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This article was published on January 9, 2012

OnLive bringing Windows 7 to the iPad

OnLive bringing Windows 7 to the iPad
Alex Wilhelm
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Alex Wilhelm

Alex Wilhelm is a San Francisco-based writer. You can find Alex on Twitter, and on Facebook. You can reach Alex via email at [email protected] Alex Wilhelm is a San Francisco-based writer. You can find Alex on Twitter, and on Facebook. You can reach Alex via email at [email protected]

OnLive, a company that is best known for its cloud gaming solutions, stirred the waters today at CES when it announced that it is planning to release an iPad application shortly that will bring Windows 7 to the iPad.

The app itself will be free, but only allow for two gigabytes of storage. A premium version, with fifty gigabytes of storage, will cost some $9.99 a month. The app provides virtual access to a PC running Windows 7, and will have Word, PowerPoint, Excel, and a browser available for use. We assume that the browser will be Internet Explorer 9.

A future enterprise edition is planned, according to SiliconFilter, which will “allow customers to run their own applications.” As we have written, OnLive has created an iPad app in the past; it previously released a version of its service for the iPad that brings what it called “console-class” games to the touch environment.

If you are not familiar with OnLive, and what it does, allow us to describe to you their core service, which is gaming-oriented:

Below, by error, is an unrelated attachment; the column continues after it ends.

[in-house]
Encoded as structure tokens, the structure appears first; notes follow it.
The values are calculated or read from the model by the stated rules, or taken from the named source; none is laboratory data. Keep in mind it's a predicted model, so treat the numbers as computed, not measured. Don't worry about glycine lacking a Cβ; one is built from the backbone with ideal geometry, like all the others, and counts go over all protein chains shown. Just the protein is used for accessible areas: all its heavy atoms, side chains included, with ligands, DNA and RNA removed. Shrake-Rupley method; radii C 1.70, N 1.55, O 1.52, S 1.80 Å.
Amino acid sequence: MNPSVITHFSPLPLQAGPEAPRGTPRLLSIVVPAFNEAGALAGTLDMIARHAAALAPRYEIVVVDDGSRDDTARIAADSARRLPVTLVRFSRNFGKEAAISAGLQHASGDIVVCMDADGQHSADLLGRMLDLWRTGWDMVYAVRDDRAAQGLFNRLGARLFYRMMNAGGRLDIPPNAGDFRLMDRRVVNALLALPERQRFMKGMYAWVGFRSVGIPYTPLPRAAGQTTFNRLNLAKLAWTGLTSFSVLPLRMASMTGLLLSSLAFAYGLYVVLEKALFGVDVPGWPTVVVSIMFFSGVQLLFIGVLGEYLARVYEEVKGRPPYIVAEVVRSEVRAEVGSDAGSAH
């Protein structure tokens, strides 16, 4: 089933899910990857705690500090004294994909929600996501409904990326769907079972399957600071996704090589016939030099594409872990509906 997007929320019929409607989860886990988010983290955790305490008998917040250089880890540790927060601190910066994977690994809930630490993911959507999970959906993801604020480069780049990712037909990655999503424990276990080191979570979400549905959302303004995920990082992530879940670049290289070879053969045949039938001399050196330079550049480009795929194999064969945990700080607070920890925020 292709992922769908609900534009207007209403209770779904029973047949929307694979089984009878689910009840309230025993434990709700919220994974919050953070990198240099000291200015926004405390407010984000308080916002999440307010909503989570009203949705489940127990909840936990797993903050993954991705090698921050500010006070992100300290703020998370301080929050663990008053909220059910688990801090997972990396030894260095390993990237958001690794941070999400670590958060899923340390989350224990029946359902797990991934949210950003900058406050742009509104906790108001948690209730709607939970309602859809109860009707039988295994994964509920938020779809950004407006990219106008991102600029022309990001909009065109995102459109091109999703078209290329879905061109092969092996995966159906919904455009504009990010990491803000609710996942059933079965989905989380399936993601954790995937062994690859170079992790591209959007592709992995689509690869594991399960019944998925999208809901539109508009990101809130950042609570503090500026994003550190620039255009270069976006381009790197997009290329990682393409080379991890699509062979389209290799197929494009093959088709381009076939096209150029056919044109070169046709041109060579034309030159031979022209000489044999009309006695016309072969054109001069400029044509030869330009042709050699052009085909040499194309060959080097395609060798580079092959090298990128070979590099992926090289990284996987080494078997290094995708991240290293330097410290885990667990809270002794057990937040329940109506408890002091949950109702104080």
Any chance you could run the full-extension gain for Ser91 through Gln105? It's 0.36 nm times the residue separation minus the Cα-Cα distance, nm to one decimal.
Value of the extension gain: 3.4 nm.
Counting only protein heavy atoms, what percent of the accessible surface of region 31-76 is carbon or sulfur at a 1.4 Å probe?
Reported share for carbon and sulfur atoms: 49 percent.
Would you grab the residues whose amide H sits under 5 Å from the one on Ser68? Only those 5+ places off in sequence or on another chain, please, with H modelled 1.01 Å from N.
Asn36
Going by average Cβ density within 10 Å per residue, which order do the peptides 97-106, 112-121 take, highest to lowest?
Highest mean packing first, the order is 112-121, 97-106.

The company delivers popular gaming titles on-demand over the Internet to a compatible device. Currently supporting PCs, Macs and TVs (via a set-top box), subscribers can play console-quality games whenever they wish, without having to download a large file or inserting a physical disk. Think of it as the Netflix of on-demand gaming.

That prior experience makes this move to Windows 7 hardly surprising; OnLive is simply repurposing its technology to run and provide a full operating system, instead of a game.

However, it must be said that Microsoft is building a version of Office just for the iPad, which, assuming that the company keeps the free version of this product to be focused on Office, harms the offering. Once Office is out for the iPad, why turn to a virtualized Windows 7 install when you can use a native application? The timing on when the official Office for iPad suite will be revealed is unknown, perhaps giving OnLive extensive breathing room.

When the app is released, TNW plans to fully review it. Hang tight until then.

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